Piata Unirii, unirii square timisoara

 

Unirii Square (to be translated as the “Union Square”) is one of the biggest and most beautiful squares in Timisoara. Throughout its history, the square has had many names: it was once called Hauptplatz (main square), Domplatz (Dom square) or Losonczy square.Today we know it as Unirii Square. It received this name in 1919, after World War I and after the Banat region became a part of the now “complete” Romanian country. The square is said to be the place where the Romanian army stopped when they came to Timisoara.

The history of Unirii square, the most beautiful square in Timisoara

But the history of the square is much longer. Timisoara was freed from the Ottoman Empire in 1716, thanks to the troops of Prince Eugene of Savoy, of the Habsburg Empire. During the fight with the Ottomans, most of the city was destroyed. As the city had to be rebuilt, a new construction plan was created. What we know as Unirii Square today started being shaped back then. The buildings in the area were meant to serve administrative functions and the square itself has served as an agricultural market for a very long time. Most of the buildings in the square have been restored and reshaped several times; some building were added an extra floor, other were demolished, new ones were rebuilt. Over time, Unirii Square became the most beautiful square in Timisoara. These are some if its most imposing buildings:

St. George’s Cathedral, or the Roman-Catholic Dome

The Catholic Dome in Unirii Square was built around the same time as the square itself, after the plans of Fischer von Erlach, an Austrian architect who also worked on monuments from Vienna, Prague, Gratz,  and Salzburg. The towers of the dome have a height of only 35.5m, which is quite unusual for catholic domes. But there is a reason behind it.  Back in the 18th century, Timisoara became a military strategic point, but was still a potential target. Higher towers would have been visible from outside of the city citadel, therefore making it a target. By projecting the towers at this height, it was “hid” from potential attackers.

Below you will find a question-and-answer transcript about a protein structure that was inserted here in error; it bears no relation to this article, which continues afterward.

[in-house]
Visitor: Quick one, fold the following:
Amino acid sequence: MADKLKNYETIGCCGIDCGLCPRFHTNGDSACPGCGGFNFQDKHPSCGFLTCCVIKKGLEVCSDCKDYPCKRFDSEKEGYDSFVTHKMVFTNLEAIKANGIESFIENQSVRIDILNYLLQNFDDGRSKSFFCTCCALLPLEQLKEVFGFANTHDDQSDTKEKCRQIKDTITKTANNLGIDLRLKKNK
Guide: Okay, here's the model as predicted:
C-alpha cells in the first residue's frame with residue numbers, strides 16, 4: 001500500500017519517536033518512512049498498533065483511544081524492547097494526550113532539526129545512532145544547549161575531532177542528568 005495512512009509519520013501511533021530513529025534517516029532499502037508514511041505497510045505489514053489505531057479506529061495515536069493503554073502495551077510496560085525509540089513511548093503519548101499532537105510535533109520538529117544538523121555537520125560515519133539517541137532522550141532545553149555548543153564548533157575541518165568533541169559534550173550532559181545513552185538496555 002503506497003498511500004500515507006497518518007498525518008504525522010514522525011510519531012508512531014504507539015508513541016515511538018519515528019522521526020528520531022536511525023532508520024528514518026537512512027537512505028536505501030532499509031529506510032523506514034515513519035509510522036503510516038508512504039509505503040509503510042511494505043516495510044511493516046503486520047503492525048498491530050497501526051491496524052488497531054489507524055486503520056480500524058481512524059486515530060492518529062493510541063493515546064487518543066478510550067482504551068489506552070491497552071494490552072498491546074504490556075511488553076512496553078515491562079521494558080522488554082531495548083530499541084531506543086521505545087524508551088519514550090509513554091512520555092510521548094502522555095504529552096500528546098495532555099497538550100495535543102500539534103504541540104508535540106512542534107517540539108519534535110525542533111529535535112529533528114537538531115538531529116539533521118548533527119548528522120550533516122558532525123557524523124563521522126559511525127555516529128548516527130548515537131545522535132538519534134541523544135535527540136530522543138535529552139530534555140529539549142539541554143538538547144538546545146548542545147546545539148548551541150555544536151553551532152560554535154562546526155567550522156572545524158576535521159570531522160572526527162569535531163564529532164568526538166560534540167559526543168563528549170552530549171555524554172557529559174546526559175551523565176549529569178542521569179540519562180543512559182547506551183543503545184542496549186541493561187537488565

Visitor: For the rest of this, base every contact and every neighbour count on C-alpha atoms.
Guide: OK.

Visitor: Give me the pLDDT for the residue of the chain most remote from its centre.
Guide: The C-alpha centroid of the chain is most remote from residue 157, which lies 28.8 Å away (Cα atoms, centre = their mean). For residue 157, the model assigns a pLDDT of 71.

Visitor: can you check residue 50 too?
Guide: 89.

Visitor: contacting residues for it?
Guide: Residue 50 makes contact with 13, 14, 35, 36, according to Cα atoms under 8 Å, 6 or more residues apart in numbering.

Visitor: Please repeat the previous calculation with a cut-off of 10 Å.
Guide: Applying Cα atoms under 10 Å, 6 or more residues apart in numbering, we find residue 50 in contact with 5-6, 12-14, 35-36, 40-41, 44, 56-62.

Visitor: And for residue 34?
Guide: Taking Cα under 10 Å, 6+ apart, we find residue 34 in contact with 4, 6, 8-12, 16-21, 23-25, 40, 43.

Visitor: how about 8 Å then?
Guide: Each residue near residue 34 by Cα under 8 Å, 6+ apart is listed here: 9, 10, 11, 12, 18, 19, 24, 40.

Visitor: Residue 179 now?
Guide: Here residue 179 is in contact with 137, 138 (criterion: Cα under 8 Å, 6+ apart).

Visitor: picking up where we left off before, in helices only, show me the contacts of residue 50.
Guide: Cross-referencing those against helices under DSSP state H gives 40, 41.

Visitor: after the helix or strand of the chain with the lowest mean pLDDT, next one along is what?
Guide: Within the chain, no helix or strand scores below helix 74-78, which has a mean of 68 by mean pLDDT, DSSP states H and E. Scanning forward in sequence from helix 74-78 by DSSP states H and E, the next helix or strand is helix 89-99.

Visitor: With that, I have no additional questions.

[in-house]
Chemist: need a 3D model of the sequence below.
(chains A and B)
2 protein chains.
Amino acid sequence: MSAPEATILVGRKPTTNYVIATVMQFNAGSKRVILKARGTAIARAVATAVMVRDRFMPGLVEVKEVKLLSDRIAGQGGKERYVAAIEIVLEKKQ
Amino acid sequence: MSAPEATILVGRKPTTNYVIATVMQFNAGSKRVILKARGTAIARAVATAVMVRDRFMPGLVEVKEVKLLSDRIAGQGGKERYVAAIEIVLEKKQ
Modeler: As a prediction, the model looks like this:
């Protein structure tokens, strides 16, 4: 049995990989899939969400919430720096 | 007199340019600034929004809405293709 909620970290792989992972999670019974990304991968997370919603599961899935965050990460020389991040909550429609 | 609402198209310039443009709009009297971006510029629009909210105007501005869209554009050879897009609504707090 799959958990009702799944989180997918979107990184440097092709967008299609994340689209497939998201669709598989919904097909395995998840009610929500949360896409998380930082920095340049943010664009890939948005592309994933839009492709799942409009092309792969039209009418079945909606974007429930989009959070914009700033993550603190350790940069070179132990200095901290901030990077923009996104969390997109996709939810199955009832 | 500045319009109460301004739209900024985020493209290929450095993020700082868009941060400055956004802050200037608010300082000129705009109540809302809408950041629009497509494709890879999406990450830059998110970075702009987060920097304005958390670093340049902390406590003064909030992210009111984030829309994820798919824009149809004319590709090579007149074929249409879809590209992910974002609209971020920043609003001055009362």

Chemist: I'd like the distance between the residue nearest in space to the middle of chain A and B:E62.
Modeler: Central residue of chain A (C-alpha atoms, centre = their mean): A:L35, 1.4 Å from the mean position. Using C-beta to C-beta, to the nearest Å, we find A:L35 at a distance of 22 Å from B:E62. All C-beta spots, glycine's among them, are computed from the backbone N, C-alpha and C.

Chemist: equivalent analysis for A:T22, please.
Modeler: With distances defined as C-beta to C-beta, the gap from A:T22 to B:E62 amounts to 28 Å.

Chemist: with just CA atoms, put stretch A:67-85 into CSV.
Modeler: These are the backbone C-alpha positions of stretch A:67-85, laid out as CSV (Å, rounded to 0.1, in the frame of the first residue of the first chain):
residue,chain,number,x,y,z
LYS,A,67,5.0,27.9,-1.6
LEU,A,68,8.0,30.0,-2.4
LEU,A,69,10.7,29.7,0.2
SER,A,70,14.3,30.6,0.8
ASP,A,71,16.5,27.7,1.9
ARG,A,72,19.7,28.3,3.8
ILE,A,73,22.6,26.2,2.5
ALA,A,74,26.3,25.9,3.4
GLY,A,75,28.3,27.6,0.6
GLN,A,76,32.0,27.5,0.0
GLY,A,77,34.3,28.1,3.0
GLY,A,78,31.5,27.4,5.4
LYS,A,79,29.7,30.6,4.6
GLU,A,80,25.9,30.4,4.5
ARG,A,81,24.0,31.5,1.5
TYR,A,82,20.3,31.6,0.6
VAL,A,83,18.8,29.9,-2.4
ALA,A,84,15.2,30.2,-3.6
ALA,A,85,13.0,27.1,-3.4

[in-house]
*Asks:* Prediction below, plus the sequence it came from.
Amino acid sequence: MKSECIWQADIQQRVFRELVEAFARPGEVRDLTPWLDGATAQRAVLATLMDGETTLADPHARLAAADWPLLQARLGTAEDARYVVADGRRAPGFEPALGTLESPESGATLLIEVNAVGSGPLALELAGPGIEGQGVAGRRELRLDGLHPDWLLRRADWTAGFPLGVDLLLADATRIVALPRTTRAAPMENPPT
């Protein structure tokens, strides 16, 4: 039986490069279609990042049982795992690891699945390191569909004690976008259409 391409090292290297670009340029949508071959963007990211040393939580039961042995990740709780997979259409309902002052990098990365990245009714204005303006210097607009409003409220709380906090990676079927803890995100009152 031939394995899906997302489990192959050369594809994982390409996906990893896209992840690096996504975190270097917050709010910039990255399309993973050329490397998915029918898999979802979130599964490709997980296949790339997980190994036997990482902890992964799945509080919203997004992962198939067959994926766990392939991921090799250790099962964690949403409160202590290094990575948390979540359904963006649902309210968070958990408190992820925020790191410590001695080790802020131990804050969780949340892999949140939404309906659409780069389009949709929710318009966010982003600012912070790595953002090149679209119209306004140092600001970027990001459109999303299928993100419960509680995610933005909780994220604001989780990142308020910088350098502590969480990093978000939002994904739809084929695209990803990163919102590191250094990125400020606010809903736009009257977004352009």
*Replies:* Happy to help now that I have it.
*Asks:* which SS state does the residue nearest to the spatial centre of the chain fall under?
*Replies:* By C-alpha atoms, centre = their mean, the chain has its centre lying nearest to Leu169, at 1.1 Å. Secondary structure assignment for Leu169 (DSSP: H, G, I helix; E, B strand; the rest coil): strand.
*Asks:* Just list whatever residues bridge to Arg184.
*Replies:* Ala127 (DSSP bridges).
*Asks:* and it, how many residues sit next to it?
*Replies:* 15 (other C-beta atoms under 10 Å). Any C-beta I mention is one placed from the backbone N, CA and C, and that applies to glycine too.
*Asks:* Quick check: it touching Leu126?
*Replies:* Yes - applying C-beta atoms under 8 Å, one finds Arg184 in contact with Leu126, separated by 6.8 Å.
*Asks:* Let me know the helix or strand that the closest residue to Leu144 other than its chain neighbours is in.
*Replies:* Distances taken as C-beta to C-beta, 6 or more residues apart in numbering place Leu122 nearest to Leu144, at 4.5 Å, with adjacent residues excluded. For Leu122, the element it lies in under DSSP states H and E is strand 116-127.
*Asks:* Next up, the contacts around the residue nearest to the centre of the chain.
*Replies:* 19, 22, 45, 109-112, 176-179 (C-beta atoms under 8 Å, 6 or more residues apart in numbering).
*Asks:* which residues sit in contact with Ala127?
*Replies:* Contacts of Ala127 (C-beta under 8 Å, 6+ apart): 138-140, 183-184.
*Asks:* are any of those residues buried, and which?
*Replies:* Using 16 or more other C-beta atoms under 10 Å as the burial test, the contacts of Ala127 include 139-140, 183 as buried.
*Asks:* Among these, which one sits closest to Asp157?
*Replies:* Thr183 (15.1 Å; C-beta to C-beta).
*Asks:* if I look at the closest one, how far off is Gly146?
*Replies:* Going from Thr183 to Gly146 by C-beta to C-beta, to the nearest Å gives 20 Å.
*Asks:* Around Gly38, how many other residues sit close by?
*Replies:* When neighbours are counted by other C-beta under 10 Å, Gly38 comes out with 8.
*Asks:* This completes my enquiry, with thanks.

The Holy Trinity Monument – A sign of thankfulness for the ending of the plague

Between the 14th and 18th century the plague killed millions of people in Europe. Timisoara was no exception. The Holy Trinity monument was ordered and then donated to Timisoara by Dechan de Hansen, who was a counsellor at the city hall at the time.  The monument was constructed in Vienna and transported to Timisoara by boat on the Danube, the Tisa and the Bega River, to the old town port. The story has it that the plague killed the counsellor’s wife and daughter and he swore that if he survives he will build a monument as a sign of thankfulness. He kept his word and the monument exists even today.

The Serbian-Orthodox Episcopal Palace

Timisoara has always been multicultural and communities have always lived together in harmony here. In Unirii Square you can find two churches belonging to different religions in the same area. The Serbian-Orthodox Episcopal Palace is one of the most beautiful buildings here. It was built around 1745, and as the years passed it was renovated once in 1905 by the great head-architect Lazlo Szekely, who added baroque elements and later in 2013.

Bruck House – Beautiful secession architecture

The present building was built in the early 1900s in the style of the Hungarian “Secession” current. It was ordered by the pharmacist Salomon Bruck. A pharmacy exists there even today.  On the windows you can also see the word “pharmacy” written in the three languages spoken in the city at the time: Romanian, German and Hungarian.

What is your favourite building in Unirii Square?